7. Changing font sizes: To allow for navigation, please change the following:

The book title: 20 point font and bold

Sections, Books, or Parts: 18 point and bold

Chapters: 16 point and bold

Subchapters: 14 point and bold

For most kids' books, typically you will only change for the book's title to 20 point and bold and possibly any chapter titles to 16 point and bold. It's rare to use the others

8. Images: any images in your file need to be deleted.

9. Image descriptions: If your book has images in it, they may need to be described. Read the text around the image and read the caption, if one is available. If you think the image contains information MISSING without a description, please describe it.

Keep scrolling down for more details about image descriptions!

10. Formatting image descriptions: Image descriptions should be placed in square brackets. They should be written in complete sentences with proper grammar. They should not duplicate the caption, but instead should describe whatever is missing from the caption, or whatever information is needed to better understand the caption. They should be concise, containing no more information than is important to the story. Example: There’s an old, detailed, hand-drawn map but the caption only tells you about the map, not what you actually see when you look at the map.

Caption: Antonio Pigafetta, an Italian, may have made this early 1500s map of the Strait of Magellan. Pigafetta called the strait "Streto patagonico." The Spanish named this part of South America "Patagonia."

The caption does not tell you what the Strait of Magellan is, so we need a description.

[Map: Two bodies of land are separated by a thin channel of water that connects two oceans on either side of the land.]

Since this image is very obviously a map, it is marked as such at the beginning of the description. The same would go for a photo or a diagram. If you don’t know what the image is exactly, just write “image.”


[Image: There are three ships in the ocean. Five men row a small wooden boat in front of the ships. One pokes at the water with a stick. There are rocks and huge white glaciers around the ships.]

Maybe you don’t know if it’s a painting or a drawing, and you don’t want to guess. When this happens, just write “image” as it’s written above.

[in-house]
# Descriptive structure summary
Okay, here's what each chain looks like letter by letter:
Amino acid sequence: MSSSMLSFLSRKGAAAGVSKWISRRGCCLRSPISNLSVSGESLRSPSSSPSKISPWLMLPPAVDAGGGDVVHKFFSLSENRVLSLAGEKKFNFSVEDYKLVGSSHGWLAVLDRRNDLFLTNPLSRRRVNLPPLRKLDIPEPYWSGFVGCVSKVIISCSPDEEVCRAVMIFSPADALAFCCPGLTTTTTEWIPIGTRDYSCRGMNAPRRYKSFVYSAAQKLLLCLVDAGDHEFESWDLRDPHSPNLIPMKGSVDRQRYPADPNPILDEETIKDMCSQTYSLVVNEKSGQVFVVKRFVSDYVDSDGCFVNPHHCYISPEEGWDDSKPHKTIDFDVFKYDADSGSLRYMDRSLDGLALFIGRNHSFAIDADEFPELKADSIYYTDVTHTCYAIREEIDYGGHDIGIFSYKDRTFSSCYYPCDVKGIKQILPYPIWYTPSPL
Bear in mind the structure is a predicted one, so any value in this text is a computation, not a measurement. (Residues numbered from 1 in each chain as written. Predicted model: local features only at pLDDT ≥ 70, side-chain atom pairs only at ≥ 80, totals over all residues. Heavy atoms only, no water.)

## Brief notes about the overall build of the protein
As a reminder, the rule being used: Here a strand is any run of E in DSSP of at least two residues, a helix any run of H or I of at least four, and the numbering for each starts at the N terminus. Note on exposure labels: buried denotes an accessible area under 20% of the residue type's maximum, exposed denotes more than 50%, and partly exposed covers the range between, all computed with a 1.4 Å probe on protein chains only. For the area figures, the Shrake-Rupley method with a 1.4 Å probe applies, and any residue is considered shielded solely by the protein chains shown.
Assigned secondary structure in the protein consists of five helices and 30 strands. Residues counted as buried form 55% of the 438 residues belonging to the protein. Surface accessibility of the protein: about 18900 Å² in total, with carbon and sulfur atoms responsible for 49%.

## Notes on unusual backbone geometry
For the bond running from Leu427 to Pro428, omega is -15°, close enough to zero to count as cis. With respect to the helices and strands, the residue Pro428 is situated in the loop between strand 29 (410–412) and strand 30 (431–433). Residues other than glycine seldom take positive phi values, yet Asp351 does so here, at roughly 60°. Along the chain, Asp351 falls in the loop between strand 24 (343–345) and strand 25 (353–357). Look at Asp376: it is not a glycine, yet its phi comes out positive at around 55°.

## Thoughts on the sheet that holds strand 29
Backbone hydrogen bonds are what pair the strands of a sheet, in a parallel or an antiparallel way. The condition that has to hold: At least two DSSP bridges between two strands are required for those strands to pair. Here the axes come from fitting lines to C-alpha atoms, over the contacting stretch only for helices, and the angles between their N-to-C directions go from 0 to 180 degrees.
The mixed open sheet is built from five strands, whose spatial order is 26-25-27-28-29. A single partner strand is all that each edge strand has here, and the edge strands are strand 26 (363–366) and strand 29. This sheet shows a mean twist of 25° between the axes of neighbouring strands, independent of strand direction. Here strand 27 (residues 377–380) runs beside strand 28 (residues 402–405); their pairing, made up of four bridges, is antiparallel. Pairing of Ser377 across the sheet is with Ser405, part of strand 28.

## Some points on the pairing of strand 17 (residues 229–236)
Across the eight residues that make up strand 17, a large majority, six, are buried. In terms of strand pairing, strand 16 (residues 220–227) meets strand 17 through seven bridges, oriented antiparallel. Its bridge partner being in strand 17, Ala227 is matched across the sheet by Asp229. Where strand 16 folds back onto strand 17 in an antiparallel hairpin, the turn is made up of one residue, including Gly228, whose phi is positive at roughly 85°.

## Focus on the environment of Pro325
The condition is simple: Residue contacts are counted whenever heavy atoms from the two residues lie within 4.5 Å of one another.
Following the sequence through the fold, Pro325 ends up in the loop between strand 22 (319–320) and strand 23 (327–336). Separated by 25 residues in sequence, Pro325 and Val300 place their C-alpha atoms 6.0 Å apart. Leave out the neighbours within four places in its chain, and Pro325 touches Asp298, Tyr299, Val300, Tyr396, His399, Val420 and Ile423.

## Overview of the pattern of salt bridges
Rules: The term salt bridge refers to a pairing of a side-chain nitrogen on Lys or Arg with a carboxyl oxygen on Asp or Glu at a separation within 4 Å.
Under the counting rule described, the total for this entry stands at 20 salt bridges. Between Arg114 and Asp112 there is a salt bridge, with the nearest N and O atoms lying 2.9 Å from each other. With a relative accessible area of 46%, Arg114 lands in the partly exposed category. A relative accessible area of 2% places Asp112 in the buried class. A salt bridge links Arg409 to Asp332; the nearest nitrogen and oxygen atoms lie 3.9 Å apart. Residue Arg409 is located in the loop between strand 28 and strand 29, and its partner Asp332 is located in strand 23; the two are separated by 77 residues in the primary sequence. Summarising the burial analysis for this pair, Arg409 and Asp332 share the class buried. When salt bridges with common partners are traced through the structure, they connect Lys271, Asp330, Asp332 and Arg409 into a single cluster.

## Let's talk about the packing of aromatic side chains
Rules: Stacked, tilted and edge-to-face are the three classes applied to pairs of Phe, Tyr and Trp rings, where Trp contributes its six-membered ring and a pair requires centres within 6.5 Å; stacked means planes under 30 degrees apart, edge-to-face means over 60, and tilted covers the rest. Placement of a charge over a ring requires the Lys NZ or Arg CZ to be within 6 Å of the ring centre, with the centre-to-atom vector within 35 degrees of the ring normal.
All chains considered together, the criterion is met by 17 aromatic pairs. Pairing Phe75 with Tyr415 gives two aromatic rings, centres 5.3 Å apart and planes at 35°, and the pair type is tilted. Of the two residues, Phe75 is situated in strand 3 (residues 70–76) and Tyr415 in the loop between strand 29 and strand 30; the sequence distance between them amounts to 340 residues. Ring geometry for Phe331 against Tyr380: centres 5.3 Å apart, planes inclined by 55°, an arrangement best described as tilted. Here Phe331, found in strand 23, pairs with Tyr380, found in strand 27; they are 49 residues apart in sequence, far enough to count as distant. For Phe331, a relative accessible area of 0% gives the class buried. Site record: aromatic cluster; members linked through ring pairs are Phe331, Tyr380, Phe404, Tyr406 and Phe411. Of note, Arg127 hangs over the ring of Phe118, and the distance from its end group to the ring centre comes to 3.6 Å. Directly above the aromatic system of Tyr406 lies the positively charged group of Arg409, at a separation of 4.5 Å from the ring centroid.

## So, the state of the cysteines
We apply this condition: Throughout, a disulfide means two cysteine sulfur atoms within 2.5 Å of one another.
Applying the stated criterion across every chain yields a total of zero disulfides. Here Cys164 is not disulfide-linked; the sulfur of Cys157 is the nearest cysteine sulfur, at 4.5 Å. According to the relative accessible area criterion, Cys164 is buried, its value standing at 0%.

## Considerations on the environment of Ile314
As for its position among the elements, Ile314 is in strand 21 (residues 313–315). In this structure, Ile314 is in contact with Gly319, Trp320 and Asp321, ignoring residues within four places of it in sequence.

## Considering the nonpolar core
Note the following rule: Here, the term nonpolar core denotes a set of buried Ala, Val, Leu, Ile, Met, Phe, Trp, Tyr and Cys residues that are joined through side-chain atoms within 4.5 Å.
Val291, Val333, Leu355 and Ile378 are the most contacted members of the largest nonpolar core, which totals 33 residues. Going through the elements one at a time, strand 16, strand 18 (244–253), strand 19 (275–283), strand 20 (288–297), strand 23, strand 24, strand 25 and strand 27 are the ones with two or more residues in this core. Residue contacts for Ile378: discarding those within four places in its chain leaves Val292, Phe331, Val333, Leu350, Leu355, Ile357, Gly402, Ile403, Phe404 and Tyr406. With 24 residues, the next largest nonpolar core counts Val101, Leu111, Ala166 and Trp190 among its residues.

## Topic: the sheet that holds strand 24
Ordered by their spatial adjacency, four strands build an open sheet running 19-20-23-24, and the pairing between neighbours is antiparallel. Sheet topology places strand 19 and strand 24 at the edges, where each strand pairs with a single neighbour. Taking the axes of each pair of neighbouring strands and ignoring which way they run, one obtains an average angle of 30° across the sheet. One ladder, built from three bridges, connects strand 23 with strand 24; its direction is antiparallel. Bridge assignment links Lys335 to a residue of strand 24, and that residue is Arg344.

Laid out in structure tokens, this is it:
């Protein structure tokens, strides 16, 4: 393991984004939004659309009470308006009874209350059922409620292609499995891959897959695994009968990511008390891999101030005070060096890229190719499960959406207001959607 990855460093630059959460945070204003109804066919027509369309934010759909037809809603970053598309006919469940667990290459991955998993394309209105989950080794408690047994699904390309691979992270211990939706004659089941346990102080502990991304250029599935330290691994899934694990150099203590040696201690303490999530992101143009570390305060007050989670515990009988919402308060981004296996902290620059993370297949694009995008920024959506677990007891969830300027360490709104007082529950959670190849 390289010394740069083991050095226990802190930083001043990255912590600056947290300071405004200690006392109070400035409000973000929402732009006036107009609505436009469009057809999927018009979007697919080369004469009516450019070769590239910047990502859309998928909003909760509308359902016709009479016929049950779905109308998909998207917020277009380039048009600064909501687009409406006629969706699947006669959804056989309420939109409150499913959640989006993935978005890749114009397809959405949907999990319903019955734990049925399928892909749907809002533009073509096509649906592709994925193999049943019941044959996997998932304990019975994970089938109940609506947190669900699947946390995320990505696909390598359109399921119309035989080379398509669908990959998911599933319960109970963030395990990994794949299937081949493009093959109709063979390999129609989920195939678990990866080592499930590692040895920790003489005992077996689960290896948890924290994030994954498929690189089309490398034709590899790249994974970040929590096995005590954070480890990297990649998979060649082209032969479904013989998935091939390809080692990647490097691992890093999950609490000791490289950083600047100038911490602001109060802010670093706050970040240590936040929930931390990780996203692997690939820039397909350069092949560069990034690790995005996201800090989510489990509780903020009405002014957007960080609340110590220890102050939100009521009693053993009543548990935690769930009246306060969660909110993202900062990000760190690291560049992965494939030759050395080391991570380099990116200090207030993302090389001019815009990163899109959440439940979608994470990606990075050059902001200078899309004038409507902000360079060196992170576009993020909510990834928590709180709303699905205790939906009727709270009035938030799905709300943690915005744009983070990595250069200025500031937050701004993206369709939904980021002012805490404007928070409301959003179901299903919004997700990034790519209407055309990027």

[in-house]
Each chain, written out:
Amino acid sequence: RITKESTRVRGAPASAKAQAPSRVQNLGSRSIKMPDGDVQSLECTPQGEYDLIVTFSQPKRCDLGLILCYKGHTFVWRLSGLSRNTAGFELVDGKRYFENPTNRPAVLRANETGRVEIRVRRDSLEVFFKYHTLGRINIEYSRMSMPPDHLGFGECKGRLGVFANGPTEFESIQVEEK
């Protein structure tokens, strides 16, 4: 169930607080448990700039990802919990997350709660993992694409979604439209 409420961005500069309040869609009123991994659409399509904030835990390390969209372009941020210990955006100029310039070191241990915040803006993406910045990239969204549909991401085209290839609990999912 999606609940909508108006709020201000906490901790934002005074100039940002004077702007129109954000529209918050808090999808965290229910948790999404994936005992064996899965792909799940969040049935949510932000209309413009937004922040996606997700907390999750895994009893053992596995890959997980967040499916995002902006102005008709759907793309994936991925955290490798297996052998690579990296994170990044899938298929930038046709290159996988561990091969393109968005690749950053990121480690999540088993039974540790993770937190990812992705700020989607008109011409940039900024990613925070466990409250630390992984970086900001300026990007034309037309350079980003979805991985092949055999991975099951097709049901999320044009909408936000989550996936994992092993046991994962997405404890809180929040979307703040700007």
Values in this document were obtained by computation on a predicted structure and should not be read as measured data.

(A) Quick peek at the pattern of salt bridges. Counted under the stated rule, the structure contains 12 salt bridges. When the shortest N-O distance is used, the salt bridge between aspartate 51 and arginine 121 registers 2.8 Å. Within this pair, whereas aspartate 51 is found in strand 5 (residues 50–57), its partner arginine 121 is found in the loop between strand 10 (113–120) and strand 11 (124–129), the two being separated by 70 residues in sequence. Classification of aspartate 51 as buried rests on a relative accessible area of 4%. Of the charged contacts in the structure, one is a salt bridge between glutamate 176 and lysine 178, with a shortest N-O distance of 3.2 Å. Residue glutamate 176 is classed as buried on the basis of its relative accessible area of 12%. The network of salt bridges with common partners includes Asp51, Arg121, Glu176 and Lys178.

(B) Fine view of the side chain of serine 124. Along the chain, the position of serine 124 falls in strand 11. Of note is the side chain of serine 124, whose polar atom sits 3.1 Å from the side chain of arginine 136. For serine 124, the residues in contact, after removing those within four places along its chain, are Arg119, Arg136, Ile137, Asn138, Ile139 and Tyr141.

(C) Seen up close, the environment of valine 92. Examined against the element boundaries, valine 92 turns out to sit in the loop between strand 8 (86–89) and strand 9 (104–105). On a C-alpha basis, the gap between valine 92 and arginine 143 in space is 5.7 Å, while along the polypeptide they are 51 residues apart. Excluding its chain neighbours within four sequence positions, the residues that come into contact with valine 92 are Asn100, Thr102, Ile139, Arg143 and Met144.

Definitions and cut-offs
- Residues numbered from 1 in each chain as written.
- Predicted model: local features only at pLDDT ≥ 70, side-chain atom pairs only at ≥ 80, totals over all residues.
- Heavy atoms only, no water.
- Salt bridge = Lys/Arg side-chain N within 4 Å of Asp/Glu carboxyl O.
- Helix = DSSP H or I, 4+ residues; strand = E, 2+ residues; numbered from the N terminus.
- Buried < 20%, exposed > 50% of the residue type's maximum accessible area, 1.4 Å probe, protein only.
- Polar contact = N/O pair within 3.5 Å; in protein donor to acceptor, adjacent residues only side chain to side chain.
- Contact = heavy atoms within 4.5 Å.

For kids’ early reading books, it’s important to figure out what the reader misses if he or she can’t see the image. Often, it’s the physical description of main characters and their surroundings get lost. For example, a book about a main character who is a cat named Kitty might never actually tell the reader that the main character is a cat.

In your image descriptions, use a vocabulary level that matches the book’s vocabulary level.  Some children’s books will be very simple and require a very basic vocabulary, while others are aimed at older children and have more complex vocabulary. 

11. Image captions: If there is an image caption, please make sure to keep it in the text! If it’s in the middle of a paragraph (or off to the side in the book), please move it to the end of the nearest paragraph, or wherever it makes the most sense. If it’s not immediately obvious that it is an image captions, place the words “image caption” immediately before it in square brackets and consider describing the image (see above). Example: [image caption] A snake glides through the grass.

12. Missing text: Compare each page of the book to your file. Since these books are very image-heavy, it’s common for the scanner to get confused and miss certain pieces. This may mean that you have to retype something. Make sure each page of your file has the same information as that page in the book (with the exception of the images).

13. Bullets: Change these to asterisks.

14. Table of contents formatting: Depending on the way the table of contents has been formatted in the book, either change the tabs to one space or change the long line of periods to an ellipsis followed by a space.

15. Garbage characters: These are often strings of numbers or letters that show up at the bottom or top of each page. They can occur when the scanner tries to interpret dust or dirt as letters, or if there are decorative marks at the top or bottom of the page. These should be removed.